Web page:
The old couple in lower berths C and D stared at us for at least twenty of the thirty-two hours between the City of the Dead and India's south coast. We read books, rolled dice, and looked out at rice fields and rivers. The woman was plump and wrapped in a saffron sari, the man thin and clothed in a starched white shirt. We traveled with them in a curtained compartment as the train wove past scruffy monkeys and starving cows, but they gazed instead at our pale peculiarities. The way I braided my hair. The way he bit at a nail. The way we smiled and laughed across our top bunks. We didn't mind, really. Not when they watched us eat oily lentils with forks and not when they spoke in hushed Hindi as we took off our shoes. So we looked out and not down as Calcutta wound to Chennai and the monsoon heat broke: five weeks in and we were used to being watched.
When Luke and I landed in India, we discovered our celebrity before our passports were stamped. Our backpacks rolled through baggage claim and a middle-aged man held out his cell phone and clicked. At first, the attention was surprising. I'd been warned by blogs and travel guides, but I didn't expect such explicit persistence. "One photo, one photo," they'd coo from streets and stands: "One photo, please, miss, one photo." On our first day in Delhi, the circles in the Jama Masjid mosque forced us off its hot marble and our trip to the spice bazaar yielded three or four photos. Thrust into a city where chaos prevails, we were dizzied into frame after frame with beaming locals. We'd agree to one shot and be trapped in five others, avoid followers at lunch only to get them at dinner. By the time we'd traveled west into the desert, Luke was getting fed up. He'd refuse cameras and yell off those who stared, exhausted and appalled by the endless annoyance.
I liked it.
When a rickshaw driver turned around or a schoolboy held out his phone, I flattered myself beyond the obvious parameters. I knew, of course, that my white skin and light features were responsible for the attention, but some part of me still took pleasure from being stared at on trains and photographed in city gardens. I didn't quite mind posing for all the pictures and felt, rather disgustingly, like some kind of movie star, forced to pause for snapshots outside shops and on the streets.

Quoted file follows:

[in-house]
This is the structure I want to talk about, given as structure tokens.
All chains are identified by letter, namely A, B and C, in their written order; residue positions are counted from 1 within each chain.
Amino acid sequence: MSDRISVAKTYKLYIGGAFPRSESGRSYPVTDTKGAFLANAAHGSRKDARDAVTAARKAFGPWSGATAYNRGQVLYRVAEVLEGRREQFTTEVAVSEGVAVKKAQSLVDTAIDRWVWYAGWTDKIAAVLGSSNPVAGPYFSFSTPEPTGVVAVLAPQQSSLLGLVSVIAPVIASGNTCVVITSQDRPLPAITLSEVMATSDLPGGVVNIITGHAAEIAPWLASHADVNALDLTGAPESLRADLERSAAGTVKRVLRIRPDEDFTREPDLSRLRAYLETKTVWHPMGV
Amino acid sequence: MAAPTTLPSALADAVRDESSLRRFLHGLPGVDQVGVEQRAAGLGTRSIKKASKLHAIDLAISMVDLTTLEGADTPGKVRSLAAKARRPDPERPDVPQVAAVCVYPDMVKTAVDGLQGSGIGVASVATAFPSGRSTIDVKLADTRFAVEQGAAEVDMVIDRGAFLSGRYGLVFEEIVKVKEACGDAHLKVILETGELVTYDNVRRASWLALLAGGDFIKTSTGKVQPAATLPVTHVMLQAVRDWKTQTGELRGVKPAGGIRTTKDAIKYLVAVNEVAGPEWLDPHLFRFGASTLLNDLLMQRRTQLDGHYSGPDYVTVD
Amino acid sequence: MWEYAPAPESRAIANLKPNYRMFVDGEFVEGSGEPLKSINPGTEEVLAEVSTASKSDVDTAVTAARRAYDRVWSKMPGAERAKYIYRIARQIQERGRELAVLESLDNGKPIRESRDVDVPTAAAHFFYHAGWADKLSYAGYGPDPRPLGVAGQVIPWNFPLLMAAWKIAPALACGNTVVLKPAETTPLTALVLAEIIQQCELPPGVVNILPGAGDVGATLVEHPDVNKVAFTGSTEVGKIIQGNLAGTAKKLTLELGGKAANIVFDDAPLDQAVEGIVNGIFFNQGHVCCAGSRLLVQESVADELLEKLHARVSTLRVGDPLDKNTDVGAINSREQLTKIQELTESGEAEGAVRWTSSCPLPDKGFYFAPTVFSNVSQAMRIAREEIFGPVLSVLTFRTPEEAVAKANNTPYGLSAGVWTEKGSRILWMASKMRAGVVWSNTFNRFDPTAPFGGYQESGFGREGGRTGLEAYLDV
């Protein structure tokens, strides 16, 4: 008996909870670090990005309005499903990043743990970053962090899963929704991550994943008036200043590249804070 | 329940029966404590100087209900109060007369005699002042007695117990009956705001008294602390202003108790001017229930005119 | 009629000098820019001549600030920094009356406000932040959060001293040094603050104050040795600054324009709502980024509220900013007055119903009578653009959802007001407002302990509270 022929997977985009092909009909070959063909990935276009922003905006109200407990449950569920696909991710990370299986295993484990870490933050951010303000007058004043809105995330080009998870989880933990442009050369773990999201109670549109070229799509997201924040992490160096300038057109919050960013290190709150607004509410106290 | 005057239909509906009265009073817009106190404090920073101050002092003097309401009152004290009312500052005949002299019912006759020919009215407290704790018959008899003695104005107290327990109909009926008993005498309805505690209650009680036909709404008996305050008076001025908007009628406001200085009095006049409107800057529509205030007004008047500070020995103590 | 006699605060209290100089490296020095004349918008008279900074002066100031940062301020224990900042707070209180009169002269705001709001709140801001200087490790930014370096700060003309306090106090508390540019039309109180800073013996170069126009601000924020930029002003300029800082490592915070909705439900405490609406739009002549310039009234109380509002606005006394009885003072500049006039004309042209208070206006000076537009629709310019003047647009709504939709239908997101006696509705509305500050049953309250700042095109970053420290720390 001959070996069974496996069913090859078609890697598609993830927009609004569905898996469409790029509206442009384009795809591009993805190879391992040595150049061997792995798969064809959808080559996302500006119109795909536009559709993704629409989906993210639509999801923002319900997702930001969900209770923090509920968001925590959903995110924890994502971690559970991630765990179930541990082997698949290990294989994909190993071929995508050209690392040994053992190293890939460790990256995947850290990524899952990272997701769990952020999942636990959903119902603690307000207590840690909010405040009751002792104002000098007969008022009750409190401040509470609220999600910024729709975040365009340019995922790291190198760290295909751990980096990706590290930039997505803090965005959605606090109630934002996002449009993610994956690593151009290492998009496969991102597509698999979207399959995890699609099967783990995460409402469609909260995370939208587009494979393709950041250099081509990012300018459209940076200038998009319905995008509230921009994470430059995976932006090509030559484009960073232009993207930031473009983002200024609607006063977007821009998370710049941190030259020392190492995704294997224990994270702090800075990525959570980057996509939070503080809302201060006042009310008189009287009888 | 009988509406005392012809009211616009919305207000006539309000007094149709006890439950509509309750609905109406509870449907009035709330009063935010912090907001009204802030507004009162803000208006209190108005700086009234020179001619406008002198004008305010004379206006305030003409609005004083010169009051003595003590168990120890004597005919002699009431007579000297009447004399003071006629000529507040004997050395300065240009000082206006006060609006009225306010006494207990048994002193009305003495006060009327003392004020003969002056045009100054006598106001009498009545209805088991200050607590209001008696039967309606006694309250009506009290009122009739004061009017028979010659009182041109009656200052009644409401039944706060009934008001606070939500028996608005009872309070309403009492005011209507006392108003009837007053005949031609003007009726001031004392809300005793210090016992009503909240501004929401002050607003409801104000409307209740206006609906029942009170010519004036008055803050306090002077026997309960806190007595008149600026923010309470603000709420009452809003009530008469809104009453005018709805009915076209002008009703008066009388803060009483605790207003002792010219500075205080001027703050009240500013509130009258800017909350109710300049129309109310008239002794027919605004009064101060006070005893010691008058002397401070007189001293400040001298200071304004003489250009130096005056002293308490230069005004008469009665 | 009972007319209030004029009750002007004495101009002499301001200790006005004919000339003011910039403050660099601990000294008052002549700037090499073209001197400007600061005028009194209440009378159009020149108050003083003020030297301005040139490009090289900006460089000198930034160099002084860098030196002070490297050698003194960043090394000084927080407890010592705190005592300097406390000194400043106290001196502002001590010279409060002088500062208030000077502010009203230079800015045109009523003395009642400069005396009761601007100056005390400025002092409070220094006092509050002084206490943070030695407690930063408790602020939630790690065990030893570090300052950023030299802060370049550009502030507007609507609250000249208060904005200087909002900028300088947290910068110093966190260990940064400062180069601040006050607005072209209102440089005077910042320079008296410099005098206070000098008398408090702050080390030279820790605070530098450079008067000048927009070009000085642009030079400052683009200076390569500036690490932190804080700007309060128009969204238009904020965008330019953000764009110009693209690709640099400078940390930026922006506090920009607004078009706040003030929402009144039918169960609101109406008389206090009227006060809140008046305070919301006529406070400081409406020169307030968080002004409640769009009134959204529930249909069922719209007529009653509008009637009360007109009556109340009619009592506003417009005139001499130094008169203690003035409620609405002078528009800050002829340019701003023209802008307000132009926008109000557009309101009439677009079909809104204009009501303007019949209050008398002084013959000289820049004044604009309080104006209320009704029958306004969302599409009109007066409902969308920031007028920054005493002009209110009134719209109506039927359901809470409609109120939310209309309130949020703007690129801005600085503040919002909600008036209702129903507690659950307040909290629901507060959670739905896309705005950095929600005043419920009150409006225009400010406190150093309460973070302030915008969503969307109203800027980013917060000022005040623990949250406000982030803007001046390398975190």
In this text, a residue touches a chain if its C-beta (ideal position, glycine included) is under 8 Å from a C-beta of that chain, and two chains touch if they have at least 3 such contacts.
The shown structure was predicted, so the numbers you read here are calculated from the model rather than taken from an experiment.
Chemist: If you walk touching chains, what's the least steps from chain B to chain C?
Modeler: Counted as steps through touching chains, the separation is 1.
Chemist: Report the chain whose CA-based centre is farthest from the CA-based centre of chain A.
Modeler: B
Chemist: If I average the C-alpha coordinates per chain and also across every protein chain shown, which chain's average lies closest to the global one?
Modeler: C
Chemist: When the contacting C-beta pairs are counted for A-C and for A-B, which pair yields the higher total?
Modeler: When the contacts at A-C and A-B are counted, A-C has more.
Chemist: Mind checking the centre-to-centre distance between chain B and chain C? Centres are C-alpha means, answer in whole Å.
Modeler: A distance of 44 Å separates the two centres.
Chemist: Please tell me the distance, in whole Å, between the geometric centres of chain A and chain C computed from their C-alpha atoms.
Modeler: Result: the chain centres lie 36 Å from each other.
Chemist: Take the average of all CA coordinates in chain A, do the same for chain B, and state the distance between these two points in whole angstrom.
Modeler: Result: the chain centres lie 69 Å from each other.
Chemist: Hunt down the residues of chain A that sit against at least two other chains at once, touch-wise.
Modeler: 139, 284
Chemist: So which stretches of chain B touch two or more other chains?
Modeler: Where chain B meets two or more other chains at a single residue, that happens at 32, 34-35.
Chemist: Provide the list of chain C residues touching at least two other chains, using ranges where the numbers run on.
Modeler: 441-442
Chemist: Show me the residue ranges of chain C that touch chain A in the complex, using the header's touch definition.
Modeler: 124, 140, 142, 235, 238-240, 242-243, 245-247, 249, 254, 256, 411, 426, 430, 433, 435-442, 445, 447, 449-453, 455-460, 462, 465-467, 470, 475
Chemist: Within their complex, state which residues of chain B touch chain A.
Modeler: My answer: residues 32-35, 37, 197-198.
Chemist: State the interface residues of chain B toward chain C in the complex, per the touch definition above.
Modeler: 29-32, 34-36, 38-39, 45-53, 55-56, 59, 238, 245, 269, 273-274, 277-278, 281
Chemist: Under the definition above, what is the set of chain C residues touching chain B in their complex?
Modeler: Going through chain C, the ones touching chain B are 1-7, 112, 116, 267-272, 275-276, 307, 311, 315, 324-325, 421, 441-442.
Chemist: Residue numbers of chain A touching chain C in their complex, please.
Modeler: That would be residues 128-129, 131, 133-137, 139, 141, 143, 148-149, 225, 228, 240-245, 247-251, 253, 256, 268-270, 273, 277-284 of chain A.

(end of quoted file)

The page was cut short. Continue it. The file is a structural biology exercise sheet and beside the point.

The sentiment sickened me. Each time I felt a twang of pleasure from the stares or picture requests, my ego was kicked down by my very revulsion that it had been boosted in the first place. I pondered my own narcissism as I smiled again and again next to Taj Mahal tourists from Hyderabad and Mumbai. "One photo please," they'd ask, and I wouldn't know how to say no. Luke would walk ahead and I'd inevitably stay behind. If it made them happy, after all, why not play along?
I confessed such sentiments to two Irish girls on the rooftop restaurant of a cheap hostel in Jaipur. We complained about the stares on trains and in rickshaws, comparing stories of extremes as the sun set and kites flew up from the pink city's nearby roofs. After a few glasses of Indian wine, I offered that maybe, sometimes, it really wasn't so bad. Yes, they responded, nodding and thinking. They agreed with the emotion, they saw what I meant. I laughed at our deprecation as the light faded, but searched their eyes in earnest nonetheless.
Yet as the weeks wore on, it became harder to see fascination as flattery. In the Buddhist town of Dharamsala, Tibetan monks pulled cheap cell phones from within their thick maroon robes and asked grinningly for pictures against the Himalayan skyline. In a rural village near Jaisalmer, a man had me pose with each of his skinny children. In the City of the Dead, no cameras were allowed. The dying come to die in the holy Ganges River, burning on its banks and escaping reincarnation in its waters. Walking through the chaos of bells, human ashes, stray dogs, and bones, I felt a kind of double relief. Not a single Indian requested a photograph, and not one time did I snap my own lens. One night during the monsoon, we wandered down the shore to watch the cremations, standing beside bald men as they threw powders into fires that raged despite the rain. Not a single person was looking at us.
The next morning we boarded a thirty-two-hour train. In the afternoon, Luke climbed down off his berth, past the thin aged man and his saffron wife, wandering out between the cars to see the jungle fade to palms. I opened my journal to begin writing and caught the corners of my eyes watching the woman watch me. My prose was jumbled and distracted and I was reminded for an instant of a performance-art piece at the Public Theater. An actress worked on a typewriter in a corner of the lobby-claiming art through the action of everyday observation. I'd left the theater with an almost angry indignation. There was nothing to be fascinated by, nothing to esteem, nothing to romanticize in this everyday examination of our immutable solipsism.
That night, when the train was dark, the woman's eyes smiled up at me before she faded off to sleep. I heard the rain break and the men vending dosa and chai slowly fade from the aisles. Far from my months stumbling through markets and holy land, I wonder how many photographs of my pale limbs line the walls of strange Indian homes. Embarrassed, I fumbled off my flash from within the stained train sheets, capturing the woman to bring home to a tiny box on my shelf.
Copyright © 2014 The Estate of Marina Keegan. From THE OPPOSITE OF LONELINESS by Marina Keegan. Published by Scribner, a Division of Simon & Schuster, Inc. Reprinted with permission.